UPDATED WITH DEED COMMENTS. SEE BELOW. Originally posted May 29, 2012.
It’s not that regulations make starting a business in Minnesota cost more than in surrounding states. Nor is it that the state puts more licensing and regulatory demands on new entrepreneurs.
What’s more difficult in Minnesota than in Iowa and the Dakotas is finding the information you need to launch a start-up.
Those are the conclusions of a little-noticed study done for the Legislature this winter by a marketing center at Southwest Minnesota State University in Marshall.
Lawmakers ordered the study two years ago to get a handle on how Minnesota stacks up against its neighbors when it comes to the impact of regulations on startups. The Legislative Coordinating Commission contracted with the Southwest Marketing Advisory Center at Southwest State for $65,000 to do the work.
Under the direction of executive director Michael Rich, the center both surveyed successful startups and assigned student researchers to pose as potential entrepreneurs looking to start five different businesses in each of five states.
When it comes to licensing costs, here’s what they found.
The numbers vary, but Rich maintained that, with the exception of some liquor license costs in South Dakota, “the [licensing] costs are peanuts” compared to the overall expenses of starting a business. (He notes that in Minnesota, about the most complicated business you can set up, from a licensing point of view, is a convenience store that sells prepared food, gas and lottery tickets.)
Likewise, he found tax incentives not to be large factors distinguishing among the states. The more populous of the five states — Minnesota and Wisconsin — tended to have more requirements and slightly higher standards, but not onerously so.
“Businesses did not have a problem with the fact that the standards were higher,” he said in a phone conversation last week. “What they had a problem with was finding out what they had to do.”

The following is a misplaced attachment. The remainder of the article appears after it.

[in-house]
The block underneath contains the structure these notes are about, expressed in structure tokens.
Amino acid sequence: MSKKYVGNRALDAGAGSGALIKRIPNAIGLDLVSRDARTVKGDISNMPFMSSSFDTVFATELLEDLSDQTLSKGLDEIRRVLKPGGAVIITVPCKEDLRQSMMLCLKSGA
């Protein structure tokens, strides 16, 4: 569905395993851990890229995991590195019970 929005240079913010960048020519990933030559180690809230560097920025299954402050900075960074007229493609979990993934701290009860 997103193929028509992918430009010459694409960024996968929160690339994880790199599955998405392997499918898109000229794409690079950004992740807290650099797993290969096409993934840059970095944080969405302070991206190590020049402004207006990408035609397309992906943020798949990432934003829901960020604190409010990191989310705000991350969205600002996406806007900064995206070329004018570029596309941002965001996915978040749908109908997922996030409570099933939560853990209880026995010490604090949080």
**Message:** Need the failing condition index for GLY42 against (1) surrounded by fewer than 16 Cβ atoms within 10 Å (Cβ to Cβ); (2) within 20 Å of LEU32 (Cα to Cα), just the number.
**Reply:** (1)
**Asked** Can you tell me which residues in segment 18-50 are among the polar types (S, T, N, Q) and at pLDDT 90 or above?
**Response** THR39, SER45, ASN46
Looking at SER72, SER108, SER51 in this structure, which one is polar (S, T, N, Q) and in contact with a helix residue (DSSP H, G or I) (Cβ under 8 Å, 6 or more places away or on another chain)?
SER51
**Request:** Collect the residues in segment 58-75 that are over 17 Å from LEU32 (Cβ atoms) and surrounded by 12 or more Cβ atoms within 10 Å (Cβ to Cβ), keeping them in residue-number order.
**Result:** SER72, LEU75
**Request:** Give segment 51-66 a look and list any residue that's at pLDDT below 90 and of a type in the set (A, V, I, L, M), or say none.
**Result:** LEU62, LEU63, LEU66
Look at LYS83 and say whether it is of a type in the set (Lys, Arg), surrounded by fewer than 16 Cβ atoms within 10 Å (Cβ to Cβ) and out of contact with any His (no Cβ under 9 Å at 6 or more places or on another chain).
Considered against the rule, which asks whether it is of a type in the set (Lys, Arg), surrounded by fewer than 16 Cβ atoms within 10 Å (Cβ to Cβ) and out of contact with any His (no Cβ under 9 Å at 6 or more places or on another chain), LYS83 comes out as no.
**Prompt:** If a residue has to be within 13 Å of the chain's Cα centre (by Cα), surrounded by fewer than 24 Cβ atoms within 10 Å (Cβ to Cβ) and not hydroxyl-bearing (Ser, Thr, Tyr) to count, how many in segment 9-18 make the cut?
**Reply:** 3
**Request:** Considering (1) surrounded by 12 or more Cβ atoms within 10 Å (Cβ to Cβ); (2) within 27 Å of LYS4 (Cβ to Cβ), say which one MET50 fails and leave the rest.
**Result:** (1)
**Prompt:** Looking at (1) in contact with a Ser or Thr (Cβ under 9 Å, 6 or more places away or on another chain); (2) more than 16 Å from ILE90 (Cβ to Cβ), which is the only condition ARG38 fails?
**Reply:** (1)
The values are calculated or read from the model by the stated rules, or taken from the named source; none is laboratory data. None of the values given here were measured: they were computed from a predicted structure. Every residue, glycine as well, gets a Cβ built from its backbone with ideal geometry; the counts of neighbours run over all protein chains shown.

Information about rules and requirements is easier to suss out in the Dakotas and Iowa, his researchers found. All five states have websites with information but none are sufficient without supplementing the information with phone calls to state employees.
In Minnesota, the Department of Employment and Economic Development has an online document called “A Guide to Starting a Business in Minnesota.” It’s a near 400-page document updated annually and it covers everything from laws to money to where to call for more information.
But Rich said, “In Minnesota, the real problem we found is that when you call in for information, they all seem to act like you’re interfering with their regular job.”
His report says:
“When Minnesota state employees were either unwilling or unable to answer specific
regulatory questions, the caller was often referred to specific websites containing the actual
regulations involved. Callers often found these regulations confusing and difficult to
understand. This then required additional telephone calls to the same agency in an effort to
gain clarification of the regulation.”
I have a call in to DEED for a response.
“The bottom line,” Rich said, ” is that costs don’t make a difference; tax incentives don’t make a difference. The only difference is trying to run down the information.”
Charles Schaffer, director of small business assistance at DEED, said he doesn’t think the situation is as dire as the Southwest State study indicates. He noted that the study didn’t divulge what questions its researchers put to state workers to elicit information and “the answer you get depends on the question you ask.”
But he called the study useful and agreed that to the extent callers get different answers on different days, “that is troubling.”
He said several initiatives are under way to make the state better at dealing with small business startups. One is a new web site called Minnesota Business First Stop.
Another, longer range, effort is to develop an online portal that could dispense information to wouldbe startups, allow applications and payments and deliver documents.
“The state is trying pretty hard,” Schaffer said.